A heat wave is when the temperatures soar above the normal and continue for a prolonged period.
The temperatures that are considered as normal in the hotter regions of the globe could be termed as a heat wave in a cooler geographical location.
Beyond creating uncomfortable living conditions for humans and animals, this could lead to crop failures and death of humans and animals due to hyperthermia.
Hyperthermia also known as heat stroke is a true medical emergency that can be fatal if not properly and promptly treated claims hundreds of lives each year.
Record Heat Wave
According to the National Weather Service the weather pattern for July 2010
was dominated by the North Atlantic High over much of the eastern and southern United States.
July 2011 resulted in 23 states under heat advisories as temperatures sore into the 100. July temperatures averaged warmer than normal along most of the country east of the Mississippi River and across the Southwest.
Hundreds of daily maximum temperature records were tied or broken at individual stations, with July 2010 ranking as the warmest July in the 1895–2010 record for Delaware and Rhode Island.
However, according to the Weather Channel July 2012 has seen more records broken with hundreds of daily heat records surpassed in recent days, drought in the USA is also higher than ever since the U.S. Drought Monitor was created in January 2000.
In the 48 contiguous states, 56% of the total area is in some stage of drought, breaking the previous high of 55% set Aug. 26, 2003.
Effects of Extreme Heat Wave
Heat is the number one weather-related
killer in the United States.
The National Weather Service statistical data shows that heat causes more fatalities per year than floods, lightning, tornadoes and hurricanes combined.
Based on the 10-year average from 2000 to 2009, excessive heat claims an average of 162 lives a year. By contrast, hurricanes killed 117; floods 65; tornadoes, 62; and lightning, 48.
Heat kills by pushing the human body beyond its limits. In extreme heat and high humidity, evaporation is slowed and the body must work extra hard to maintain a normal temperature.
Most heat disorders (sunstroke and hypothermia) occur because the victim has been overexposed to heat or has over-exercised for his or her age and physical condition. Older adults, young children, and those who are sick or overweight are more likely to succumb to extreme heat.
Conditions that can induce heat-related illnesses include stagnant atmospheric conditions and poor air quality. Consequently, people living in urban areas may be at greater risk from the effects of a prolonged heat wave than those living in rural areas.
Also, asphalt and concrete store heat longer and gradually release heat at night, which can produce higher nighttime temperatures known as the "urban heat island effect."
Heat Wave Survival Tips
- Stay indoors as much as possible and limit exposure to the sun.
- Stay on the lowest floor out of the sunshine if air conditioning is not available.
- Consider spending the warmest part of the day in public buildings such as libraries, schools, movie theaters, shopping malls, and other community facilities. Circulating air can cool the body by increasing the perspiration rate of evaporation.
- Eat well-balanced, light, and regular meals. Avoid using salt tablets unless directed to do so by a physician.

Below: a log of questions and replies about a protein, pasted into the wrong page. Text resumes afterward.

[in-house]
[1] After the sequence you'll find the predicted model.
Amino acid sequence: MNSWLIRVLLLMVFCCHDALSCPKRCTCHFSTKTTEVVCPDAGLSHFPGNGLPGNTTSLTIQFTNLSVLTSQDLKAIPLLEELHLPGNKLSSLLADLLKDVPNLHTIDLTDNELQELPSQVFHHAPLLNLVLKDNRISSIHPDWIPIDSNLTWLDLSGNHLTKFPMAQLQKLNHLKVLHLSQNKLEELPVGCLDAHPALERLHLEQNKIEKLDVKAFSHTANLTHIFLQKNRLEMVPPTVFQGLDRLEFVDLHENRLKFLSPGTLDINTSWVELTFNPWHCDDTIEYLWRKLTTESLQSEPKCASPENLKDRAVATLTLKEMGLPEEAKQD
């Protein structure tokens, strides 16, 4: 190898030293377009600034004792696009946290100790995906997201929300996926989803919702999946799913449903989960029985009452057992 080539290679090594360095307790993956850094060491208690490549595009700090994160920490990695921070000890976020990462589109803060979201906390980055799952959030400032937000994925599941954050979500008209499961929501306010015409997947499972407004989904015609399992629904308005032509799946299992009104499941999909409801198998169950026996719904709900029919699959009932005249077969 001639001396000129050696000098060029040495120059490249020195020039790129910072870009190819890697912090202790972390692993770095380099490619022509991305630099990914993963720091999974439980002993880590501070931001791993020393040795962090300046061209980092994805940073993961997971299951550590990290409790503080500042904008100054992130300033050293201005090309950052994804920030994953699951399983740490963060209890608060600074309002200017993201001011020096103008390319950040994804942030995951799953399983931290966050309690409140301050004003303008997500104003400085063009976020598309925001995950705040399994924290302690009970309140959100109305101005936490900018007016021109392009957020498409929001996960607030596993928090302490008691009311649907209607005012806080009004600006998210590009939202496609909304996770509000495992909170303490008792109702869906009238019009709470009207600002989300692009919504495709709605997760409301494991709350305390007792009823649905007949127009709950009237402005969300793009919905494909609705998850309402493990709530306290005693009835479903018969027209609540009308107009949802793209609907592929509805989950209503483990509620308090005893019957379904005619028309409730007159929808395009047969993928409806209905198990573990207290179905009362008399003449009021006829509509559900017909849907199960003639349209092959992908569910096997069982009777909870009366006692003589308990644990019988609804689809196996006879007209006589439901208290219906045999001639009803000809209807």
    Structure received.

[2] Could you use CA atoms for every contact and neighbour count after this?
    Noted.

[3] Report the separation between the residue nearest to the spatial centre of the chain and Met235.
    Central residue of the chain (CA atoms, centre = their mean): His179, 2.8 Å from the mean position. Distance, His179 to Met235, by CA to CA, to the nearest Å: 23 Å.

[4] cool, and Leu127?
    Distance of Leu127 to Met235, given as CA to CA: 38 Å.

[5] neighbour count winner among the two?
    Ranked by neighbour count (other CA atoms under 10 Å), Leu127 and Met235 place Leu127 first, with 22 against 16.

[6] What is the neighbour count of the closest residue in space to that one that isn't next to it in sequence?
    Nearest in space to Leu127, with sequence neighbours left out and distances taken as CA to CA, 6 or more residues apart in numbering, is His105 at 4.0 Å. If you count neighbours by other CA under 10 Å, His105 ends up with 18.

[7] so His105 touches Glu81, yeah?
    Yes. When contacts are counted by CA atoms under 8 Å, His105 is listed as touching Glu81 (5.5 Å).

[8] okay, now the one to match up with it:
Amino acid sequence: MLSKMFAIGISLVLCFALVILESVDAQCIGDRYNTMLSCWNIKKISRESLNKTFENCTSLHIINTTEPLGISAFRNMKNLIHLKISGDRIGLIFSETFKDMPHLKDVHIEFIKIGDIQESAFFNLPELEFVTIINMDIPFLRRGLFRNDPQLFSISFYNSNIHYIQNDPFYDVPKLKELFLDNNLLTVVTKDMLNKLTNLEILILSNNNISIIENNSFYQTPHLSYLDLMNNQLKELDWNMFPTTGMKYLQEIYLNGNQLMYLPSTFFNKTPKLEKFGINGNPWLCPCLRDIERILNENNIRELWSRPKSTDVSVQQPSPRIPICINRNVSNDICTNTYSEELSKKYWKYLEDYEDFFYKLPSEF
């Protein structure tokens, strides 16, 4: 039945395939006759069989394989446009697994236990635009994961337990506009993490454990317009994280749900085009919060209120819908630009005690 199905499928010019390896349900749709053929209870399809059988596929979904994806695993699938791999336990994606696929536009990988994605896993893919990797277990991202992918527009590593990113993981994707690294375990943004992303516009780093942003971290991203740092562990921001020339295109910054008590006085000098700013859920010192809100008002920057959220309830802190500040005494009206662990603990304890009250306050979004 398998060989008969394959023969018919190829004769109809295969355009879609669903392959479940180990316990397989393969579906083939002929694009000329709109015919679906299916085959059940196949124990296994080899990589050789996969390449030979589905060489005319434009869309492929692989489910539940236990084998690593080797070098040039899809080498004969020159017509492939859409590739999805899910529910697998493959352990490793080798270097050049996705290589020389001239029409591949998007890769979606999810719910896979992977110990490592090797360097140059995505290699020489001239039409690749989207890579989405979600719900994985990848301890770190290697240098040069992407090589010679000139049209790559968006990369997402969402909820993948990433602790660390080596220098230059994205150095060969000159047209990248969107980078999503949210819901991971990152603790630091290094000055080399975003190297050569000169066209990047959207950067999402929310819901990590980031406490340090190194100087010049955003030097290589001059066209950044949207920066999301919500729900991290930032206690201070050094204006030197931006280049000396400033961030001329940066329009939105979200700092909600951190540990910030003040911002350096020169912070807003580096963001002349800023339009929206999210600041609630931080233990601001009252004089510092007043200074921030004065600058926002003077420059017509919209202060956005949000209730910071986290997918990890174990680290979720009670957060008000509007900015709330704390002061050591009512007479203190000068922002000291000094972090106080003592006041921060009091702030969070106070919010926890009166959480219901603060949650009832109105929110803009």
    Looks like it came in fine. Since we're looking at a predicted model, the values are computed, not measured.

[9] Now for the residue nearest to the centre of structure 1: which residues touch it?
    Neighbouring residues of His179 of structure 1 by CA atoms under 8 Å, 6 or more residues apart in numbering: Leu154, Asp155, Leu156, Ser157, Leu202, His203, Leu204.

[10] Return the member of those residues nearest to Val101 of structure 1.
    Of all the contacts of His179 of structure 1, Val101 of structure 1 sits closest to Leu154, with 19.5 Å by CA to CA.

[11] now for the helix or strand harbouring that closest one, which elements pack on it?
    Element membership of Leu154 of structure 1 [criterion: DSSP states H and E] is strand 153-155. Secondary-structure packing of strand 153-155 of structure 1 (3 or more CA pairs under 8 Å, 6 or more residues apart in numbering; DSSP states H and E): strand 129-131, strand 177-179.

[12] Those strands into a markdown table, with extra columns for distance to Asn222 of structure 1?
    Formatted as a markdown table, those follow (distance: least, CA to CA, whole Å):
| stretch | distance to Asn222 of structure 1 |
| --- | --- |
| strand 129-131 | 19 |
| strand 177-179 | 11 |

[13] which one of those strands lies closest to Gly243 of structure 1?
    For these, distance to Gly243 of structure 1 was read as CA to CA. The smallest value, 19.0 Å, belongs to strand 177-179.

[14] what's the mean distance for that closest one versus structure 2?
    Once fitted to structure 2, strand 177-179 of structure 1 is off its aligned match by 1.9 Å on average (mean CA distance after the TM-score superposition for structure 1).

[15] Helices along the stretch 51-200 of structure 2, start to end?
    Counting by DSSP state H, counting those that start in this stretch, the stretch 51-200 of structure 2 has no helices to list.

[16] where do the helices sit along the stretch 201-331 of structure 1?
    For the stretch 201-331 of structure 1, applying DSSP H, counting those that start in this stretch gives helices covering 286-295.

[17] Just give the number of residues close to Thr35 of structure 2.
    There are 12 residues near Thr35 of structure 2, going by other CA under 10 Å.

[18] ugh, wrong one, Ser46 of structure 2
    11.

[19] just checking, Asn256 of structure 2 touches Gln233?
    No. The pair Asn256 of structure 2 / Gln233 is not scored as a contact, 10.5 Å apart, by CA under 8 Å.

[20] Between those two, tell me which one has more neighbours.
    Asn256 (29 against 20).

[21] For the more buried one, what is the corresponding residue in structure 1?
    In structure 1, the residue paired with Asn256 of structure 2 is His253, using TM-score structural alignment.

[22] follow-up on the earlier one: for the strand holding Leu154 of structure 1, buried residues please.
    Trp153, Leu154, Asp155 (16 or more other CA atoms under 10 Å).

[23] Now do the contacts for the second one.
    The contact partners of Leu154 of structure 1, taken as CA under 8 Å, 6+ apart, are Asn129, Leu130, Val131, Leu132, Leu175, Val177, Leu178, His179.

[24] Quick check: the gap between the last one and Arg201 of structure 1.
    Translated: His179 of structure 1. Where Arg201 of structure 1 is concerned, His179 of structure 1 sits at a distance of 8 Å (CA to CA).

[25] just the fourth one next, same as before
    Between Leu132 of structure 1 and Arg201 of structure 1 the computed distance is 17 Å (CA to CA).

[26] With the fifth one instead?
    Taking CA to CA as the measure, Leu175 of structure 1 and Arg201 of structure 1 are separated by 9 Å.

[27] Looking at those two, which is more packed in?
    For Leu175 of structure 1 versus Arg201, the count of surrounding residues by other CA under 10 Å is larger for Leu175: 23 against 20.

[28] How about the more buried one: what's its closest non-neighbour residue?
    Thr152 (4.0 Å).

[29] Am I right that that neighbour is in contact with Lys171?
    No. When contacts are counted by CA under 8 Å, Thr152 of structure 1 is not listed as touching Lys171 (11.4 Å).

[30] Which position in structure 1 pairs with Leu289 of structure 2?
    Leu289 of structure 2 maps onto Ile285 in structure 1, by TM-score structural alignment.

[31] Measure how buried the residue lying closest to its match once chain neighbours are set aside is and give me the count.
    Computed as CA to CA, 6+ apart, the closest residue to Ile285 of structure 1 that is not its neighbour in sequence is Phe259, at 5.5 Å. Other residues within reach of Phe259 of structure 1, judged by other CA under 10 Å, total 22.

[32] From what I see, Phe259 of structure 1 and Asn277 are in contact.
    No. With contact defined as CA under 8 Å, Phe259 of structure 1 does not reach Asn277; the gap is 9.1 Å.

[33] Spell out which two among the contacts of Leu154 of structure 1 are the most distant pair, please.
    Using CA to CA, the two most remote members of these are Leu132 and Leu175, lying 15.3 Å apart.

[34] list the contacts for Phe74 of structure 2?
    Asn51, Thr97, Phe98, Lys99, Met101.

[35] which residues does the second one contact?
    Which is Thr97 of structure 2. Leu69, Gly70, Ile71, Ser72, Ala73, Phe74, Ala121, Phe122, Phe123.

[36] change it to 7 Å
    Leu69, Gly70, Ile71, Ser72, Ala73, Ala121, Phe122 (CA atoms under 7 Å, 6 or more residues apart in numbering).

- Drink plenty of water. Persons who have epilepsy or heart, kidney, or liver disease; are on fluid-restricted diets; or have a problem with fluid retention should consult a doctor before increasing liquid intake.
- Limit intake of alcoholic beverages.
- Dress in loose-fitting, lightweight, and light-colored clothes that cover as much skin as possible.
- Protect face and head by wearing a wide-brimmed hat.
- Check on family, friends, and neighbors who do not have air conditioning and who spend much of their time alone.
- Never leave children or pets alone in closed vehicles.
- Avoid strenuous work during the warmest part of the day. Use a buddy system when working in extreme heat, and take frequent breaks.
Heat Disorder Symptoms
SUNBURN: Redness and pain. In severe cases swelling of skin, blisters, fever, headaches.
- First Aid: Ointments for mild cases if blisters appear and do not break. If breaking occurs, apply dry sterile dressing. Serious,extensive cases should be seen by physician.
HEAT CRAMPS: Painful spasms usually in the muscles of legs and abdomen. Heavy sweating.
- First Aid: Firm pressure on cramping muscles or gentle massage to relieve spasm. Give sips of water. If nausea occurs, discontinue water.
HEAT EXHAUSTION: Heavy sweating, weakness, skin cold, pale and clammy. Pulse thready. Normal temperature possible. Fainting and vomiting.
- First Aid: Get victim out of sun. Once inside, the person should lay down and loosen clothing. Apply cool, wet cloths. Fan or move victim to air conditioned room. Offer sips of water. If nausea occurs, discontinue water. If vomiting continues, seek immediate medical attention.
HEAT STROKE (or sunstroke): High body temperature (106° F or higher). Hot dry skin. Rapid and strong pulse. Possible unconsciousness.
- First Aid: HEAT STROKE IS A SEVERE MEDICAL EMERGENCY. SUMMON EMERGENCY MEDICAL ASSISTANCE OR GET THE VICTIM TO A HOSPITAL IMMEDIATELY. DELAY CAN BE FATAL. White waiting for emergency assistance, move the victim to a cooler environment Reduce body temperature with cold bath or sponging. Use extreme caution. Remove clothing, use fans and air conditioners. If temperature rises again, repeat process. Do not give fluids. Persons on salt restrictive diets should consult a physician before increasing their salt intake.